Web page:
This is being opposed by Smoky, the Smoke Monster who now appears as Locke. The real Locke was a candidate - probably a leading one given his rapport with the island. Sawyer/Ford was another candidate but he seems to have switched sides. So has Sayid. I can't believe that Sun or Jin would abandon the other. I'm not sure if Kate is a candidate or not but she is not a leader.

That leaves two candidates - Jack and Hurley. On the surface they are opposites - Hurley is easy-going and hates making decisions while Jack is tightly-wound and can't help being a decision-maker. They have some similarities, too. Hurley talks with the dead. Jack has healed people in seemingly miraculous ways. Both have been psychologically broken and needed the island to heal. Also, since returning to the island, Jack has been mellower and has made fewer bad choices. I suspect that Jack will become Jacob's replacement which will seem like an act of martyrdom - it will seem like it but he was a total screw-up on the outside world and has nothing to return to.

On the other side, Smoky is gathering his own set of candidates. Sawyer and the refugees from the temple have joined him but Ben rejected him.

So what is Smoky and who is (was) Jacob? I think that Smoky is the spirit of the island and wants to be free. Jacob was his jailer. Others have been Smoky's jailer in a line going back to Egypt.

What about Richard? I've always wondered if he came to the island on the Black Rock. The scene between him and Jack seemed to confirm this. It has been implied that he came as a slave and that Jacob freed him and made him ageless and undying (just as Michael was unable to kill himself). The only thing arguing against that is Richard's eye liner which could mean that he was brought to the island by the Egyptians.

Some questions - Ben's people made lists when the original Oceanic flight crashed. Where they doing this as a reflection of Jacob's list? Why do you have to kill your father in order to join Ben's people? Both Ben and Locke has to kill their fathers as an initiation. Was this a way of proving their commitment to the island? They keep insisting that they are the good guys but they have a high body count. Are the "good" because they help contain Smoky?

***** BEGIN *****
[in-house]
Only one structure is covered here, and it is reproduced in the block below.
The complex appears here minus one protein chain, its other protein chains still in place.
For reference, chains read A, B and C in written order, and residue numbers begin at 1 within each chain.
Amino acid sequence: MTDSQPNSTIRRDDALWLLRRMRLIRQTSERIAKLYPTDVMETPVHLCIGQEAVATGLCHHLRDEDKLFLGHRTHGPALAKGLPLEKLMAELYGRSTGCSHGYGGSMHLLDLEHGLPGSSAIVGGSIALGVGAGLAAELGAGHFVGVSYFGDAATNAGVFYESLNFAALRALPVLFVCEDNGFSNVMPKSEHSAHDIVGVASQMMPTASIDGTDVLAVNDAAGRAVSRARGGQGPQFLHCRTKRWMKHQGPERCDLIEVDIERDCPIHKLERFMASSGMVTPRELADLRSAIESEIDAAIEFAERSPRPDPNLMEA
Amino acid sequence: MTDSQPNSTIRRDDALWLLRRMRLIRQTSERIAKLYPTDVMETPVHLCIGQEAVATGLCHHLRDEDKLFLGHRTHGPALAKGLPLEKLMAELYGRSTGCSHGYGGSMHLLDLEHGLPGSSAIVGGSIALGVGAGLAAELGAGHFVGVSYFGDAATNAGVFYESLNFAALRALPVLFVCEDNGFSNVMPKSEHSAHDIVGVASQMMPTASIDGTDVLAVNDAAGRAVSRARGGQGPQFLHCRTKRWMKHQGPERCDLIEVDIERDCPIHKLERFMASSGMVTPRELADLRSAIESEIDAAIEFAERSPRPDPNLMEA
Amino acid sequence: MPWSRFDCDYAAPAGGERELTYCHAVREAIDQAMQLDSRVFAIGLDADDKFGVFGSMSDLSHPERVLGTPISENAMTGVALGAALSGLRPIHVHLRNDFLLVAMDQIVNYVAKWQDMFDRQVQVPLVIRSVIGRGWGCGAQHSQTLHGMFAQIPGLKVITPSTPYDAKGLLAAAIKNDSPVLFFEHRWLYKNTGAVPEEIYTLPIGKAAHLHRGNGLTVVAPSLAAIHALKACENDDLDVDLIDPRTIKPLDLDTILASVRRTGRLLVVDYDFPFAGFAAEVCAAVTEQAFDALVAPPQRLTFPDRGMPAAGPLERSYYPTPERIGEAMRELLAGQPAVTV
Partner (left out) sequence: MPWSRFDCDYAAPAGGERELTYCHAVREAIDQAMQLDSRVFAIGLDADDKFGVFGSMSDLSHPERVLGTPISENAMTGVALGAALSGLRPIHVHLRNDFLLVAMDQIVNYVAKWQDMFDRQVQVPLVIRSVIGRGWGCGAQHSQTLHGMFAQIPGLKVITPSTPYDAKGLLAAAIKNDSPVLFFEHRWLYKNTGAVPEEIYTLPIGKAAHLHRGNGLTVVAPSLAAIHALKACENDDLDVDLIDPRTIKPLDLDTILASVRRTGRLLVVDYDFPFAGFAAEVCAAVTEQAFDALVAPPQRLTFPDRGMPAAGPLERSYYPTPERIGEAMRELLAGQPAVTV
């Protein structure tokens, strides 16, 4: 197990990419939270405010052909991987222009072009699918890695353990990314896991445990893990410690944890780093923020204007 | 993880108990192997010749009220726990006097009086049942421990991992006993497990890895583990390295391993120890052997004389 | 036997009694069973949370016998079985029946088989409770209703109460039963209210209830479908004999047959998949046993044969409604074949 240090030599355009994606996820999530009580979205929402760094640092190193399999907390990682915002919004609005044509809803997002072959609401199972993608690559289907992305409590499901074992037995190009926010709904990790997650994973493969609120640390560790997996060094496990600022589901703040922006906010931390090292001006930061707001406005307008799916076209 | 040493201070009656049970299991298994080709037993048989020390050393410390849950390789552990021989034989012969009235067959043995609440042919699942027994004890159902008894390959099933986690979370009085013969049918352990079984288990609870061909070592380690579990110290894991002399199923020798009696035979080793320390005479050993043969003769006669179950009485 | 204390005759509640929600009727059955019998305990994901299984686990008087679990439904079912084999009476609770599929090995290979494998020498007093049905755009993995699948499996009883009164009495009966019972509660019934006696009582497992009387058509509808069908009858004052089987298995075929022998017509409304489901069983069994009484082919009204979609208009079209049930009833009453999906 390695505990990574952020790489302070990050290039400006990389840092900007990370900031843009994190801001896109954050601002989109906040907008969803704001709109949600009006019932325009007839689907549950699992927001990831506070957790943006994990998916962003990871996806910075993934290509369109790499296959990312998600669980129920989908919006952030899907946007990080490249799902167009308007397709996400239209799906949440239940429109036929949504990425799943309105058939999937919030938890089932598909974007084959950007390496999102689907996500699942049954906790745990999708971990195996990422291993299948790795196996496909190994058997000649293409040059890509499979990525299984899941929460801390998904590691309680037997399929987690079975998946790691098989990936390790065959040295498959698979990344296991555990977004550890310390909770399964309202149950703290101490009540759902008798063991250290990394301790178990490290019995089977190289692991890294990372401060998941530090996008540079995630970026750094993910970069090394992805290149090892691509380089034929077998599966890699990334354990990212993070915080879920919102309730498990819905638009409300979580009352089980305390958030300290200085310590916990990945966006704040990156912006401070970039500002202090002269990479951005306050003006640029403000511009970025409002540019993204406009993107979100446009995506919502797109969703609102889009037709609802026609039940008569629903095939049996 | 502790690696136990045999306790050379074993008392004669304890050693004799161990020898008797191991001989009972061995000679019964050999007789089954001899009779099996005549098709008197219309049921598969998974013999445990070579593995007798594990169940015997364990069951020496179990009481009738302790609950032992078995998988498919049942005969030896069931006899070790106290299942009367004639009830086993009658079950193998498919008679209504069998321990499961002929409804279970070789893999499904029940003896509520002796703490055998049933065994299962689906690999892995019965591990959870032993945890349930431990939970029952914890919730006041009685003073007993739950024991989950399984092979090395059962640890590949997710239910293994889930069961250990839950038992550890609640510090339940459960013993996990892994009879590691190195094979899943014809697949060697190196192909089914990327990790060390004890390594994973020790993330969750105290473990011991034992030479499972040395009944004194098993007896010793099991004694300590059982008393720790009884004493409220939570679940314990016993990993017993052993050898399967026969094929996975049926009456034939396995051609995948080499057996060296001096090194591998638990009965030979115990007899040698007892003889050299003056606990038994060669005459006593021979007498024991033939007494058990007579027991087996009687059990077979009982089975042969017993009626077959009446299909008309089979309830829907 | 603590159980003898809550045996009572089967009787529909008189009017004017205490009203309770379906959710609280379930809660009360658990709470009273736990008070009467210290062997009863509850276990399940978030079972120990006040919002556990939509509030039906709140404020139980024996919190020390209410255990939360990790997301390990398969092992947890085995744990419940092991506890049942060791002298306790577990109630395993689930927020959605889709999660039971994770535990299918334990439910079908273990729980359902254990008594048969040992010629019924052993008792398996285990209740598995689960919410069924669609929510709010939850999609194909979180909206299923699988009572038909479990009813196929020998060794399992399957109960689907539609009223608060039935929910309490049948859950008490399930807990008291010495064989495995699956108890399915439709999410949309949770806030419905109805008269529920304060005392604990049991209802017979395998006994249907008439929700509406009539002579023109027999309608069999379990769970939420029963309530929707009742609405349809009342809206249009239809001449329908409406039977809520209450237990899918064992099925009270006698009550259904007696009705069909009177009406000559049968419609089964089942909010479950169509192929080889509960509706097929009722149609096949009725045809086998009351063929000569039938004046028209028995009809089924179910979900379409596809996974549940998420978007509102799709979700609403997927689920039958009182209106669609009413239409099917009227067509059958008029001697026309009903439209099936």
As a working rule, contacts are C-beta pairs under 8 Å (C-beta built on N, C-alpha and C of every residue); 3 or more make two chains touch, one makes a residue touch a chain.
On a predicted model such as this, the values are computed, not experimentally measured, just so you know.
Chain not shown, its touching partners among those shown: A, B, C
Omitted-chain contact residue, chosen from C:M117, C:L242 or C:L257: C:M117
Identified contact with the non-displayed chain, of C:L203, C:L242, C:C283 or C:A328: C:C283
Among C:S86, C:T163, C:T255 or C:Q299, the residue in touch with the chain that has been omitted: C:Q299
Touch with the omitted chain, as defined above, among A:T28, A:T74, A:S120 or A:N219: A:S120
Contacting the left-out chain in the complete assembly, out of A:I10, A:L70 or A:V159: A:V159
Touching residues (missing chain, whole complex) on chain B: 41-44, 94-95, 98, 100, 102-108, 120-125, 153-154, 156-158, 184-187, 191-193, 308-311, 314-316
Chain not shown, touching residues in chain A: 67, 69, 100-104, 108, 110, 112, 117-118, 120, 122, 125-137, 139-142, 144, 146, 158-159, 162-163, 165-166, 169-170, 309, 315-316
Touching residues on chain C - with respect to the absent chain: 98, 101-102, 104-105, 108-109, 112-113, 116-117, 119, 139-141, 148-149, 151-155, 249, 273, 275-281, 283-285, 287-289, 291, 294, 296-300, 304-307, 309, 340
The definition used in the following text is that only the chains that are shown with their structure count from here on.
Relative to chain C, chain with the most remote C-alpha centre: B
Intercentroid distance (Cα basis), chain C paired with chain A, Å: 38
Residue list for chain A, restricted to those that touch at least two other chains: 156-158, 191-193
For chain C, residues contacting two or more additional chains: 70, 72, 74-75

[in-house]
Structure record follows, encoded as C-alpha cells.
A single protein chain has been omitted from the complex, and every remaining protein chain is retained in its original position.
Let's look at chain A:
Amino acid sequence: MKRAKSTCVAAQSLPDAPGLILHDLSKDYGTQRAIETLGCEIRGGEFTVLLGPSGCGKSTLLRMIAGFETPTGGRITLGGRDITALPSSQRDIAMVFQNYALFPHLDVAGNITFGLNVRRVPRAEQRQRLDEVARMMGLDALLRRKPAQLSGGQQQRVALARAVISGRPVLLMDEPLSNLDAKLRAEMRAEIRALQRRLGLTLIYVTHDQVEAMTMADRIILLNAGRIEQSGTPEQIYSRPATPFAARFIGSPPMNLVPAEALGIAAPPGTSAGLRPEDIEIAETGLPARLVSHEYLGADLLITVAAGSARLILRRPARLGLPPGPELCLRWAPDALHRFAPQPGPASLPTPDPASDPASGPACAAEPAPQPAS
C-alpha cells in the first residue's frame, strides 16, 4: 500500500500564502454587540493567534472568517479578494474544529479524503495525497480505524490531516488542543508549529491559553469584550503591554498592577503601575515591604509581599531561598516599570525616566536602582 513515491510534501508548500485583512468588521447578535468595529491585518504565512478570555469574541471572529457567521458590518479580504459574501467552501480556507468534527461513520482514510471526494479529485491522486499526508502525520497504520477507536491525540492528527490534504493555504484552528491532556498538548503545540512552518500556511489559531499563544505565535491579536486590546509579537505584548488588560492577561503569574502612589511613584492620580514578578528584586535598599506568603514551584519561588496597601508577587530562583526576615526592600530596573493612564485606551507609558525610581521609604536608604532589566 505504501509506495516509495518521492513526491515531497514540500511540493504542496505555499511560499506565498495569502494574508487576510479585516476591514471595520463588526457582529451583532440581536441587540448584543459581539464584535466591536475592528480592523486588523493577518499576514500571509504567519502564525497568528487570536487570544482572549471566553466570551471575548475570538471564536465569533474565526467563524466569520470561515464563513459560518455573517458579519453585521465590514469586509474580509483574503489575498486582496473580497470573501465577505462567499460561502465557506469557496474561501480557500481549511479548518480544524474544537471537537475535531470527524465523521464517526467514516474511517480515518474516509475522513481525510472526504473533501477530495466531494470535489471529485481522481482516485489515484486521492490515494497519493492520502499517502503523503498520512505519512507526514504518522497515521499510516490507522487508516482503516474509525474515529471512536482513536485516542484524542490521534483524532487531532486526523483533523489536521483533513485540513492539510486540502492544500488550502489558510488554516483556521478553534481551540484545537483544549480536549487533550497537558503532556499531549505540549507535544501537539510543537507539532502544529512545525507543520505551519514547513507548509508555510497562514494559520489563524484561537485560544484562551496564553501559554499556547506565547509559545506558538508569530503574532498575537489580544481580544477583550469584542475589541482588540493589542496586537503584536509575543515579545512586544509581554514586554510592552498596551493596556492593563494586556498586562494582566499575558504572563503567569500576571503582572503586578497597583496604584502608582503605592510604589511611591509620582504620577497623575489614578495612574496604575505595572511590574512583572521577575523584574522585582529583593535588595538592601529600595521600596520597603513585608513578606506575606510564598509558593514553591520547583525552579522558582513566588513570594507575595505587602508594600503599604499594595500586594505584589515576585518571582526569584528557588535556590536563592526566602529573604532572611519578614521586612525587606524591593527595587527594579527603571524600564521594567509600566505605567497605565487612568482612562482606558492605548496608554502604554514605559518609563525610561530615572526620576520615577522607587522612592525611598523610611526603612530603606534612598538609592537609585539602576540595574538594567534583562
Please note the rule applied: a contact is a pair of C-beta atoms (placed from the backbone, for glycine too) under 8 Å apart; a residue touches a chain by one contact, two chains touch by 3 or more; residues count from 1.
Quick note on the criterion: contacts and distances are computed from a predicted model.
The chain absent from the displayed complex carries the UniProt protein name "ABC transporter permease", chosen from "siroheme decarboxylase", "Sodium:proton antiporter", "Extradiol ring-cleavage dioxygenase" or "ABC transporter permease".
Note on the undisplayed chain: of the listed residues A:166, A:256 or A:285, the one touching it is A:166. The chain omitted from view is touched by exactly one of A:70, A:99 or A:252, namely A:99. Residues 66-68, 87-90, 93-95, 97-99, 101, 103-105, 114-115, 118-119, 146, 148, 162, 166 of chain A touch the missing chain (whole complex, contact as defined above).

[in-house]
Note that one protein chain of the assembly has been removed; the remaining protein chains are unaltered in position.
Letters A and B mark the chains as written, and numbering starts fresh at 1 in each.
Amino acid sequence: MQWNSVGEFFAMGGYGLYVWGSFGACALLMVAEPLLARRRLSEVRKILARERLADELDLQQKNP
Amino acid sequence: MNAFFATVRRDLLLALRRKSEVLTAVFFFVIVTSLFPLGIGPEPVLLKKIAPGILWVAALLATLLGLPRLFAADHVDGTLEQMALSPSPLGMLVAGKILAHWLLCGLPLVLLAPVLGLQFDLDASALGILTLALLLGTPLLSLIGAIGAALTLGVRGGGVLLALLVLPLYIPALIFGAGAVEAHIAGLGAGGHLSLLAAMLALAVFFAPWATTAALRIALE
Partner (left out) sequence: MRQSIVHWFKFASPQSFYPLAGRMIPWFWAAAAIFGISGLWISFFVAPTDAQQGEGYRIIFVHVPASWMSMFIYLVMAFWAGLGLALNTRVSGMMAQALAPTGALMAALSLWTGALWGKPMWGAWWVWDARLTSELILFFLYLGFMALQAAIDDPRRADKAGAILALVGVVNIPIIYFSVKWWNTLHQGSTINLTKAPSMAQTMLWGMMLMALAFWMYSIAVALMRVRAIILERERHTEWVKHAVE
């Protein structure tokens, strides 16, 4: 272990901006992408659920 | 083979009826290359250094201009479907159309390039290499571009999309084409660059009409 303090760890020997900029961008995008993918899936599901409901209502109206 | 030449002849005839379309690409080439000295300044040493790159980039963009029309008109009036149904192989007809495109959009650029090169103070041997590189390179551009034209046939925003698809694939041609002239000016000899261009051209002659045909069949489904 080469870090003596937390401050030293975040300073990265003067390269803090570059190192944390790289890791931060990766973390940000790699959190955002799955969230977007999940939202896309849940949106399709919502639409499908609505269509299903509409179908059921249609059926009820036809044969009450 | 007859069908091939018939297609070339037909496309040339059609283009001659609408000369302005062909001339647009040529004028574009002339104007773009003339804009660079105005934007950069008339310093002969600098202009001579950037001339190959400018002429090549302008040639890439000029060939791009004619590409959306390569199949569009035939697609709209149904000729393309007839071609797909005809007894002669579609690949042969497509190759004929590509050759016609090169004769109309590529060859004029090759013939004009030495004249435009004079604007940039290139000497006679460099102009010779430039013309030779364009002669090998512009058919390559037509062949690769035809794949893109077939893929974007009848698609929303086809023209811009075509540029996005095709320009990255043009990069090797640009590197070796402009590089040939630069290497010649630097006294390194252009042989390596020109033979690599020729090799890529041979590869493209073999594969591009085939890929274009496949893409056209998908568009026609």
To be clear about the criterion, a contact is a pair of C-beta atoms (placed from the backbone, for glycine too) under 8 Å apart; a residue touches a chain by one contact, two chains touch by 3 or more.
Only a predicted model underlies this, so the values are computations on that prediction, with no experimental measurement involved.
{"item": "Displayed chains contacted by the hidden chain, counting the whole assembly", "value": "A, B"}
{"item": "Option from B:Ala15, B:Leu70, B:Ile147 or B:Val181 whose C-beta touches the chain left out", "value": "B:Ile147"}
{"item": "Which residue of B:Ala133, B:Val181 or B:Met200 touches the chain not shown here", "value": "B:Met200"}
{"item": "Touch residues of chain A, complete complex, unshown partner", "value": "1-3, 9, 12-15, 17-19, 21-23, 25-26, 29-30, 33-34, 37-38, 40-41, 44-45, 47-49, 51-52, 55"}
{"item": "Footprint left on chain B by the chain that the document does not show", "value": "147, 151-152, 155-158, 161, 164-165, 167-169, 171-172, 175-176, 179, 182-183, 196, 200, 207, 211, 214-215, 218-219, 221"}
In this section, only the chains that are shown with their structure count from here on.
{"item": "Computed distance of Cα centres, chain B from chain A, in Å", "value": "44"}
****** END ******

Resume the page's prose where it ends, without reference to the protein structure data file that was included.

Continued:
As for the flash-sideways - they seem to show what people would have been like without the island. I will not say that they seem happier, but they seem more at peace with themselves. Jack managed to keep a marriage together long enough to have a son. Locke worked through his bitterness and seemed to like his father. Ben is capable of self-sacrifice. On the other hand, Sayid is not a nice person in either world.

Thursday, March 04, 2010

Old Avengers/New Avengers

When the Avengers was created it featured most of the unaffiliated heroes in the Marvel Universe - Thor, Hulk, Iron Man, Ant Man, and the Wasp. By issue fifteen, the team was really hitting its stride. The Hulk was long gone, replaced by Captain America. The other characters were better-defined.

Issue #15 was fast-paced. Baron Zemo returned and gathered his Masters of Evil - the Executioner, the Enchantress, the Black Knight, and the Melter. Zemo kidnapped Captain America's sidekick, Rick Jones, and flew to his base in Africa followed by Cap. The other four faced off against the remaining Masters of Evil.

During the fight between Zemo and Cap, Zemo was killed in a rock-slide. This was a point of honor for Stan Lee for years - a villain died and you saw his body so he will stay dead.

In issue #16, everything changed. The fight between the Avengers and the Masters of Evil was wrapped up quickly. After that, Thor left for Asgard for a trial of the gods. Captain America's plane was blown up so he had to walk back to civilization. The remaining three decided that they were tired of being Avengers and that they needed a break. They recruited a trio of replacements. Cap returned in time to be appointed leader of the team.

This was just one of many changes going on in Marvel at the time leading to what I think of as Marvel 2.0. Giant Man's strip in Tales to Astonish was replaced with the Sub-Mariner. The Human Torch and the Thing's strip in Strange Tales was replaced with Nick Fury, Agent of Shield. The Hulk went from a mindless brute to being intelligent (for a while). At the same time, the X-Men and Daredevil went from bi-monthly to monthly comics. They even tried changing the name from "Marvel Comics" to "Marvel Pop Art Productions".